Last Friday, I hosted what I think was a unique event - a summit on waste.
As 50 of us met in Pulborough's Village Hall, one wag joked that usually when so many people gather to talk rubbish, it's in the House of Commons.
Among the attendees were representatives from West Sussex County Council, the Greater London Authority and the Regional Assembly, as well as three local groups fighting landfill sites: the Chanctonbury Landfill Action Group (CLAG), the Small Dole Action Group and Thakeham Village Action.
I'm convinced that Britain's addiction to dumping our rubbish in landfill sites has to be kicked, and that we have to move towards recycling and incineration.
West Sussex County Council currently landfills about two thirds of its household waste, whilst incinerating less than 1 per cent.
This is in stark contrast to Hampshire which incinerates around half of its household waste and only landfills 15 per cent.
The UK also has a long way to go to catch up with many of our European counterparts. In the EU-15, only Greece and Portugal landfill a higher proportion of their waste than we do.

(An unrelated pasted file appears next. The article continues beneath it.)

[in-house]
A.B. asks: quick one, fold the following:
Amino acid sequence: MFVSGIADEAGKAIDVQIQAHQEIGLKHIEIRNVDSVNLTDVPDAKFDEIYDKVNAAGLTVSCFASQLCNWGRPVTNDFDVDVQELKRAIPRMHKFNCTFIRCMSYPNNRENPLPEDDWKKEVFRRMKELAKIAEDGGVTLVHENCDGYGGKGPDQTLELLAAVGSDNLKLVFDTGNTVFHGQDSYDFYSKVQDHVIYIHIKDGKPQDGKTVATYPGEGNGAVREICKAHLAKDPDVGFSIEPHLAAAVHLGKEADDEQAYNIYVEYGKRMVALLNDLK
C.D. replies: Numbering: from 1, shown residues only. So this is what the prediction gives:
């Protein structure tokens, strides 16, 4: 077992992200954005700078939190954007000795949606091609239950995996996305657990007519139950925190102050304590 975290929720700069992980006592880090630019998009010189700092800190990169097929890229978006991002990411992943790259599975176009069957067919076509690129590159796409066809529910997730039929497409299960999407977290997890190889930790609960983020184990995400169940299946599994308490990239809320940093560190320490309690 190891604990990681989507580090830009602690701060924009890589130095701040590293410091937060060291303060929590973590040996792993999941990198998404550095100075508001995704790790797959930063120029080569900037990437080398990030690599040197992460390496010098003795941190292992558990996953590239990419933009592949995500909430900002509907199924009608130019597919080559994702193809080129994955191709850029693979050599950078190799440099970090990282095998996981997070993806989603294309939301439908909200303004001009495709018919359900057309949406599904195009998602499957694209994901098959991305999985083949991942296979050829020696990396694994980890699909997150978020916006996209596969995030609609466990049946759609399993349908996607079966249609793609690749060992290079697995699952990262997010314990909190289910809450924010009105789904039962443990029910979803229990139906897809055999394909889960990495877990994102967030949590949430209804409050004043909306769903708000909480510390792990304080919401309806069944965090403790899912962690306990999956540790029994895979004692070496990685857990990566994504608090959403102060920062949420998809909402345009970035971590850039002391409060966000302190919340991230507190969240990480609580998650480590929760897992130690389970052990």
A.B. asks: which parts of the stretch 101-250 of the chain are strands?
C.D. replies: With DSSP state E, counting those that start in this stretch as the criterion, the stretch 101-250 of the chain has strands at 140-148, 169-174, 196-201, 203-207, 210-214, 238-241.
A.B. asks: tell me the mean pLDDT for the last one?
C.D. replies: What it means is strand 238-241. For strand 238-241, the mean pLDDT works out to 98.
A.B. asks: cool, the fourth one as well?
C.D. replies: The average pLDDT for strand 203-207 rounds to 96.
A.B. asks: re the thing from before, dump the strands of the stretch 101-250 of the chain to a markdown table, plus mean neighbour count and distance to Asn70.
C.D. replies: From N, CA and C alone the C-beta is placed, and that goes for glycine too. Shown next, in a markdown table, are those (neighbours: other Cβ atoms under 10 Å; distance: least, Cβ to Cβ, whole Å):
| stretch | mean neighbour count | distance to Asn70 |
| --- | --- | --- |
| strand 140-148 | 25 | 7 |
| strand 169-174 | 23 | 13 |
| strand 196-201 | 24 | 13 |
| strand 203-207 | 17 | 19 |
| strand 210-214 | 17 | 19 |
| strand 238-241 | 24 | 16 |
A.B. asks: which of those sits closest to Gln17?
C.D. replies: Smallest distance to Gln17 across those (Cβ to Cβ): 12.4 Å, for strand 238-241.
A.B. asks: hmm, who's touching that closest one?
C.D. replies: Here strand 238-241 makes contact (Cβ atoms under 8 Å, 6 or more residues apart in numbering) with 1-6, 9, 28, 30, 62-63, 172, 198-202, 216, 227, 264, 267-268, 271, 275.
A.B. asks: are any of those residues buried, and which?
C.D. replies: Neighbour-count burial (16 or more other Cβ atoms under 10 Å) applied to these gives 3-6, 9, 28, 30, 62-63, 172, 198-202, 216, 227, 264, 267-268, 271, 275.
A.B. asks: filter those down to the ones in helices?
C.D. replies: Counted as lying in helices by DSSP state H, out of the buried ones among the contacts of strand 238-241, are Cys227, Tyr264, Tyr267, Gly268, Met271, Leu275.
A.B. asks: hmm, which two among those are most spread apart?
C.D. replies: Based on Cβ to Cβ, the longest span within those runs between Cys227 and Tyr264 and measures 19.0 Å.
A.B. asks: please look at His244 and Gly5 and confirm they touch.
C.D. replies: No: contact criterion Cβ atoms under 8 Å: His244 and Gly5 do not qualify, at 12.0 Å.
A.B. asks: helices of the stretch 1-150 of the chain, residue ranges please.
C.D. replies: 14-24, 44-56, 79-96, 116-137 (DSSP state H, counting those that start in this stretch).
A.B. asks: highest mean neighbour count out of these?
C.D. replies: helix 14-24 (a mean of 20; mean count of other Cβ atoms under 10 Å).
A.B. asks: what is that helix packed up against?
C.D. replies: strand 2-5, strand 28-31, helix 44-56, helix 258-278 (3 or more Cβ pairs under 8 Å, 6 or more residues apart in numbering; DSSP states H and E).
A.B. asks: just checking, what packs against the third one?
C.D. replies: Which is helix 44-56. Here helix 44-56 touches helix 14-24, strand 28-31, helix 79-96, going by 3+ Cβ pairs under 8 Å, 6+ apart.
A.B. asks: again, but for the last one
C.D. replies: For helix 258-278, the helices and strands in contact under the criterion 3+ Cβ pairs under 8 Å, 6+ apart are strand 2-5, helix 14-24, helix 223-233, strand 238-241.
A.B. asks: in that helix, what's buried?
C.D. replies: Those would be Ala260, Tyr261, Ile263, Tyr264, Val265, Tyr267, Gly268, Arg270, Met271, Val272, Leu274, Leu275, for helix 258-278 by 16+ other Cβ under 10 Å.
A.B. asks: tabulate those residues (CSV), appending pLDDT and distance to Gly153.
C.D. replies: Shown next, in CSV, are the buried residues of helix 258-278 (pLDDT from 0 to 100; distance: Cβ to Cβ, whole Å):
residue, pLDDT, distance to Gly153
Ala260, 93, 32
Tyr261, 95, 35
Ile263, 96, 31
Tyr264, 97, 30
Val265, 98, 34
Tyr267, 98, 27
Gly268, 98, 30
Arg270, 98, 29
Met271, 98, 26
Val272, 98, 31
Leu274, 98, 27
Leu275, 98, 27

And our recycling rates are also far behind many parts of Europe: while we recycle only about a quarter of our household rubbish, Switzerland, the Netherlands and Germany manage to recycle around 60 per cent.
What's especially galling is that while West Sussex tries to increase recycling, London still plans to send us 10 per cent of its waste.
We don't want London's rotting rubbish dumped in West Sussex. We don't want the lorries, the smell, the litter and the flies.
We've all got to play our part to reduce rubbish - individuals, communities and businesses. But I also hope the County Council will think again, and find more environmentally friendly ways to deal with our growing mountain of waste than dump it in holes next to our quiet communities.